|An amateur has discovered the fun of photography and often has a few lenses. It’s not rare that these lenses together weigh over 1 kilo. Amateurs also shoot mainly with zoom lenses. In addition, they choose from among creative considerations and, because of the higher brightness, a single lens with a fixed focal length. Most amateurs shoot in jpg, but among the seasoned amateurs you can also find a lot of RAW enthusiasts.|
“I am, in good English, a prosumer”
In the prosumer group, we put two photographer types together. One group includes the professional who has a limited budget available. Not every professional photographer needs or has the budget for camera-equipment of many thousands of euros. The prosumer group also includes the consumers who find a high price for a lens (read: more than 1000 euros) not a problem, if there is fantastic image quality in return. Because when it comes to image quality, the prosumer is a perfectionist. The prosumer takes all pictures in RAW + jpg at the same time. The jpg files are used for Facebook, Flickr, private websites and photo books. The RAW files are to make an impression on the photo club.
The most important (artificial) distinction between the prosumer and the fourth group of photographers (professional) is construction quality and brightness. Our prosumer works only occasionally in extreme conditions (heat, cold and moisture), whereby the construction quality is just a little bit less important than for the full-time professional. And if there are two lenses equivalent in image quality with different brightness, then our prosumer chooses the cheaper, less bright lens.
“I want build quality and image quality of the highest level”
A professional photographer is financially dependent on her/his camera and lenses. One missed shot can make the difference between success or no income. Therefore, a professional is willing to pay more for a heavier build quality, higher brightness and extra sealing against dust. This type of professional possesses multiple cameras, a sophisticated set of lenses with a fixed focus and a few zoom lenses that serve as workhorses under the toughest conditions. It’s not rare for those cameras and lenses to weight over 1 km, per piece. The Pro only photographs in RAW.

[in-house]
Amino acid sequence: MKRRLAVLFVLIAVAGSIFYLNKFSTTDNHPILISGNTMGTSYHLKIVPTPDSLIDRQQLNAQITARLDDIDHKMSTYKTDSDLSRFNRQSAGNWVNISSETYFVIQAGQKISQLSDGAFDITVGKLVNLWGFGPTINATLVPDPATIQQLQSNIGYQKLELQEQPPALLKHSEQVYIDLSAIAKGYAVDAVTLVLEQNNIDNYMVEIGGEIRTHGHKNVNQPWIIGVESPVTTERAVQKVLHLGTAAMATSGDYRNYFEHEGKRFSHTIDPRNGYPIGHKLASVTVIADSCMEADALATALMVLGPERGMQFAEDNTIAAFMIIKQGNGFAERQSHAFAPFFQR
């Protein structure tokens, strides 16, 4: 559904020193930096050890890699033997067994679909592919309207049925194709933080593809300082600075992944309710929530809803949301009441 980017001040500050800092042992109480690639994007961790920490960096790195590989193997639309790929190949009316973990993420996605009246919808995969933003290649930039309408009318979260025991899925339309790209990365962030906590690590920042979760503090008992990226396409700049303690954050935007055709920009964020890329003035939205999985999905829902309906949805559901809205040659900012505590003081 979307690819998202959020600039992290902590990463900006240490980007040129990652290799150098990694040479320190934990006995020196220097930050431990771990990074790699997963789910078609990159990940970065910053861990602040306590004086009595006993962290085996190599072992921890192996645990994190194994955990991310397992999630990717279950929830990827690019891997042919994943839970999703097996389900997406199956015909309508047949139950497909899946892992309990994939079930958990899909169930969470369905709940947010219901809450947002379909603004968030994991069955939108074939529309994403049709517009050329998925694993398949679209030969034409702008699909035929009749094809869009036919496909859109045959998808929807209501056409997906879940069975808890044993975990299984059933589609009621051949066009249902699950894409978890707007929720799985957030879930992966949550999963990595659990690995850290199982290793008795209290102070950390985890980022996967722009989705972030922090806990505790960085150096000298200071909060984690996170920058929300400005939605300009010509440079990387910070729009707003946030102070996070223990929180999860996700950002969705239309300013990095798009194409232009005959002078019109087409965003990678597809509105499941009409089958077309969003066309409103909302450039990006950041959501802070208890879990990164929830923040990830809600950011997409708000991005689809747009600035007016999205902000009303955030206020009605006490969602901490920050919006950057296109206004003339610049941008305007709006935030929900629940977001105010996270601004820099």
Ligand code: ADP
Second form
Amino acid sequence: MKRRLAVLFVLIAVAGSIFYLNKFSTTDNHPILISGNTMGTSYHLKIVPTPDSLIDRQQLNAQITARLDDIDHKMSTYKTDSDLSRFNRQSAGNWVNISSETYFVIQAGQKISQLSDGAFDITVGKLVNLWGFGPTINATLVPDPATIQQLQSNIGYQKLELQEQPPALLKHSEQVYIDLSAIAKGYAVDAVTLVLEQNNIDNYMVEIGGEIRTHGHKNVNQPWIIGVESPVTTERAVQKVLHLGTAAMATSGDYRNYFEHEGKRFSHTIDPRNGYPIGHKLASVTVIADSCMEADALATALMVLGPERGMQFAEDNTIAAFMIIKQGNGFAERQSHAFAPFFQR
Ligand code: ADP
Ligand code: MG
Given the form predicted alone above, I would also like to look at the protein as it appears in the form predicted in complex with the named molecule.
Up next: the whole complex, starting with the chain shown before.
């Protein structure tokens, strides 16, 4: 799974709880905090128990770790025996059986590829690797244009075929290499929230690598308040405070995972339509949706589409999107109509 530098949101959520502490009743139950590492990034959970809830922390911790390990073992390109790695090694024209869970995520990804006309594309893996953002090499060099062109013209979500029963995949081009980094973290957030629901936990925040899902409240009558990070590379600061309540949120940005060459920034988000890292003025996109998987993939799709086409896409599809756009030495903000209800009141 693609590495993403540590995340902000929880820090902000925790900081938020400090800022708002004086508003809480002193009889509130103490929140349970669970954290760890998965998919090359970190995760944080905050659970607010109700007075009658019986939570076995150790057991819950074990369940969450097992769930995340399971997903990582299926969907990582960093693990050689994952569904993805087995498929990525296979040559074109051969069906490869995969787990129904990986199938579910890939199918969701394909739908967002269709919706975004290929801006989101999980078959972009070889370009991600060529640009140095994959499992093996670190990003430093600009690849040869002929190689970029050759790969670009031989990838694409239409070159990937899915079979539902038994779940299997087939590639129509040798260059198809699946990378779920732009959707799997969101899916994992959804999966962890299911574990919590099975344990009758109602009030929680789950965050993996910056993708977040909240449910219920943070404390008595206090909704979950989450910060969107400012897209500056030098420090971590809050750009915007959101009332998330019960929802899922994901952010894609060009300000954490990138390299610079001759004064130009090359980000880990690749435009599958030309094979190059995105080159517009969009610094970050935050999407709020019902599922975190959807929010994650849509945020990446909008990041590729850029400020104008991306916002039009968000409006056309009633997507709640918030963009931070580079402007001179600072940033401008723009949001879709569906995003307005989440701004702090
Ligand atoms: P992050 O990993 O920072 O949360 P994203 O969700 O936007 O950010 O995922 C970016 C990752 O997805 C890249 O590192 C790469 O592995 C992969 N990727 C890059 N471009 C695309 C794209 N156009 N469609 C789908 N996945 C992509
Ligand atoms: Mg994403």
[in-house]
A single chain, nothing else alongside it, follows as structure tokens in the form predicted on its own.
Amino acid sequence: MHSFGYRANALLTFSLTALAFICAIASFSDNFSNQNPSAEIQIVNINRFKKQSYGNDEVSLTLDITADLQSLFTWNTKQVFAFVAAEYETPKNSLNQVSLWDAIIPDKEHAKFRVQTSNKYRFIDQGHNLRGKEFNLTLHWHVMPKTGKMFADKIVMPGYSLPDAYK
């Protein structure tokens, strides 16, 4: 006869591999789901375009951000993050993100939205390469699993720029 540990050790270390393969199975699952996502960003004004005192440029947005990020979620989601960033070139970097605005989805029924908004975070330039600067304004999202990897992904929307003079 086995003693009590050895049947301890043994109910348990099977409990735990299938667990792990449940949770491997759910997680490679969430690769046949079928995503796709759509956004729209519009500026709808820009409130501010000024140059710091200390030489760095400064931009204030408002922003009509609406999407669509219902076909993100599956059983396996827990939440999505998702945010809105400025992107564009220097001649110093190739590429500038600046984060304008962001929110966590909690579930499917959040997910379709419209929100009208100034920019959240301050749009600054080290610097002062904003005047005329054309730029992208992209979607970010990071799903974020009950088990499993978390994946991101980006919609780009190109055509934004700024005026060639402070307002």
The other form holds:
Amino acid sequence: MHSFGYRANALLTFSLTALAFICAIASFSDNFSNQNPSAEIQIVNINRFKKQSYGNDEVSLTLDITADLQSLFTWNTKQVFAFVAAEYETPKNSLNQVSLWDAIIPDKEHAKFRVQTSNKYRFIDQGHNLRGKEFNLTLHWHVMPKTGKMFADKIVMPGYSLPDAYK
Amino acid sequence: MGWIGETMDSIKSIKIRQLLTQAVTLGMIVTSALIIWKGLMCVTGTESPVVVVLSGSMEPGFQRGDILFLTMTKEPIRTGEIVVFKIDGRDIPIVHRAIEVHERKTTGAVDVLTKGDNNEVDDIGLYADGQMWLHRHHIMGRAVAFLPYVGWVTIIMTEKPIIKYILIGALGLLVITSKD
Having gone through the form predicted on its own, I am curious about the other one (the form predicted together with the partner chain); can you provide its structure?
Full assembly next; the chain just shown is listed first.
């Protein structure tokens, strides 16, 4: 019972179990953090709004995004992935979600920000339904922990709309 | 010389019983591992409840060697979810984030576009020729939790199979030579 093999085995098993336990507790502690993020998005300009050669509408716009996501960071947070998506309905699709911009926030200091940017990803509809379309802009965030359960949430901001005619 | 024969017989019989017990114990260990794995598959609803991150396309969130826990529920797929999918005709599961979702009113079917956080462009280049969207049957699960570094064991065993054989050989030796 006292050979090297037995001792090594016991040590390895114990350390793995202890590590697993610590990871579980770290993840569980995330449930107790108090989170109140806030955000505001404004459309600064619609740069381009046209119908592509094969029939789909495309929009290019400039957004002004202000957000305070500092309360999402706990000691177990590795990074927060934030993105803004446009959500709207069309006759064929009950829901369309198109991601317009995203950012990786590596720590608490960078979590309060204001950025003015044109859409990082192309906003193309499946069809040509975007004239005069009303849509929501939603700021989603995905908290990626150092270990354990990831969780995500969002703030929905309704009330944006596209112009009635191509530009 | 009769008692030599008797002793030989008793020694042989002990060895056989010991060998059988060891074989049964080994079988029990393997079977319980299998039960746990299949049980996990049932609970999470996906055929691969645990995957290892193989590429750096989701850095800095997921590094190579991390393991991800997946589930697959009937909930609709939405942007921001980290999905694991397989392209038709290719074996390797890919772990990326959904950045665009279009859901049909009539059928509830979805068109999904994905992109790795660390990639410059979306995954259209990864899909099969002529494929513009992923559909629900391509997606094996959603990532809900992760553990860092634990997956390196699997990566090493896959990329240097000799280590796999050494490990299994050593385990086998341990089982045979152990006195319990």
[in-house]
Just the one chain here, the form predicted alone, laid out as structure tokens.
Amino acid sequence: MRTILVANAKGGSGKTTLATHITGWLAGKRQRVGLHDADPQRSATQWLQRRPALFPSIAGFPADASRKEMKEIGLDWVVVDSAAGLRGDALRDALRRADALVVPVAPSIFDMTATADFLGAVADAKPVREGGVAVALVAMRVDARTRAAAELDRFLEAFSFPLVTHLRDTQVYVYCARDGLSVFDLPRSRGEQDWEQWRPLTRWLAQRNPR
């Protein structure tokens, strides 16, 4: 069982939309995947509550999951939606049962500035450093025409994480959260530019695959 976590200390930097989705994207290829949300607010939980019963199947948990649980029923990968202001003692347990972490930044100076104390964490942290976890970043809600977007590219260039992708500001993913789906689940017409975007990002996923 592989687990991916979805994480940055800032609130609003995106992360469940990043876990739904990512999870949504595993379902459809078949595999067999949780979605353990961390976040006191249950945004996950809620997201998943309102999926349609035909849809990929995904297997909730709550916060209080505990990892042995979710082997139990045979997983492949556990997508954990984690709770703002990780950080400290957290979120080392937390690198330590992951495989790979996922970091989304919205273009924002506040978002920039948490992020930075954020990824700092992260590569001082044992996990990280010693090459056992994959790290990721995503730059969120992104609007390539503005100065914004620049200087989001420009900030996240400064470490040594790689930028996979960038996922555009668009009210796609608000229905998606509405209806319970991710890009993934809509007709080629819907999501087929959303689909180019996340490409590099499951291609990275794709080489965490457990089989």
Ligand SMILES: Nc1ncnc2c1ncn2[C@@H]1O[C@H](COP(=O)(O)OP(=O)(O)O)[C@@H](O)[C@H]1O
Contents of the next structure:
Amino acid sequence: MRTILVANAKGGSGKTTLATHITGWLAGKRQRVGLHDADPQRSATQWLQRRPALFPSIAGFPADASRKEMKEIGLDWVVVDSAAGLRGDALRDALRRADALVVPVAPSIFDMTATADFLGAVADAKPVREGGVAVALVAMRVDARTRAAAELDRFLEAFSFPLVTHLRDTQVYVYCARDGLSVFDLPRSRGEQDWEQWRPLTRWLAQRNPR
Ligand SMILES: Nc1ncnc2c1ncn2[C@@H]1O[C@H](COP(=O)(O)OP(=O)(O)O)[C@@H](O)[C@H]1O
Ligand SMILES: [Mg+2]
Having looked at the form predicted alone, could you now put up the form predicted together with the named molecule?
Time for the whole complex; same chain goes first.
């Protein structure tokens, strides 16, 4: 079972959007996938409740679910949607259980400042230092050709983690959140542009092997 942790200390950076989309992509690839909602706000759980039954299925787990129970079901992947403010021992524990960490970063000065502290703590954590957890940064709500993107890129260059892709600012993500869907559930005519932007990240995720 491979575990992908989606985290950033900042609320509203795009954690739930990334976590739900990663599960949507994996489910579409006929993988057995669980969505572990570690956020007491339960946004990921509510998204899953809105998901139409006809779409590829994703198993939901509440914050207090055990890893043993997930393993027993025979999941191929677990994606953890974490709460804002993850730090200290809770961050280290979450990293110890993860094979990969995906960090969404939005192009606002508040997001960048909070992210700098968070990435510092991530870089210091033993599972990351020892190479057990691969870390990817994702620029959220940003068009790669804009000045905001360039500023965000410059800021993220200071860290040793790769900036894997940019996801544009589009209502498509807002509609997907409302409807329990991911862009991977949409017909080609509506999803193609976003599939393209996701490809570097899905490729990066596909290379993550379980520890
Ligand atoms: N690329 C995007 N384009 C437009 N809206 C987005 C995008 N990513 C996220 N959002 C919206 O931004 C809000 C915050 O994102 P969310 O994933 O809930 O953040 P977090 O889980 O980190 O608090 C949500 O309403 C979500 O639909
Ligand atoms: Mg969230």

You may have already noticed that in our overview of camera reviews, the same starter/amateur/prosumer/pro format is used as here. We thought it useful to use the same types for the lenses. In our camera review overview, we have not explained what we mean with these four concepts. Now we have.
Each grouping is a cliché and is thus certainly not applicable to you. However, we have really need these labels to make the huge lens offerings manageable. Pick what you think is important and see which group(s) you partly or completely recognize yourself in. It will help you later in choosing the best lens.
Sometimes there are good arguments to place a camera or lens in multiple groups. Even so, we aren’t going to do that. Then it becomes such a mess, don’t you think? That every camera or lens is only in 1 group means that in some cases you could argue over whether we have made the right choice.
That could be, but we aren’t going to do it. Take our groups with a grain of salt. Then they’re easier to digest.
In the meantime, if you have an idea about what you like to photography, what type of photographer you are and how much money you have, then you’re ready for the next step. That is the next installment, in which we – beware, this is my last pun – zoom in on the different types of lenses. See you soon.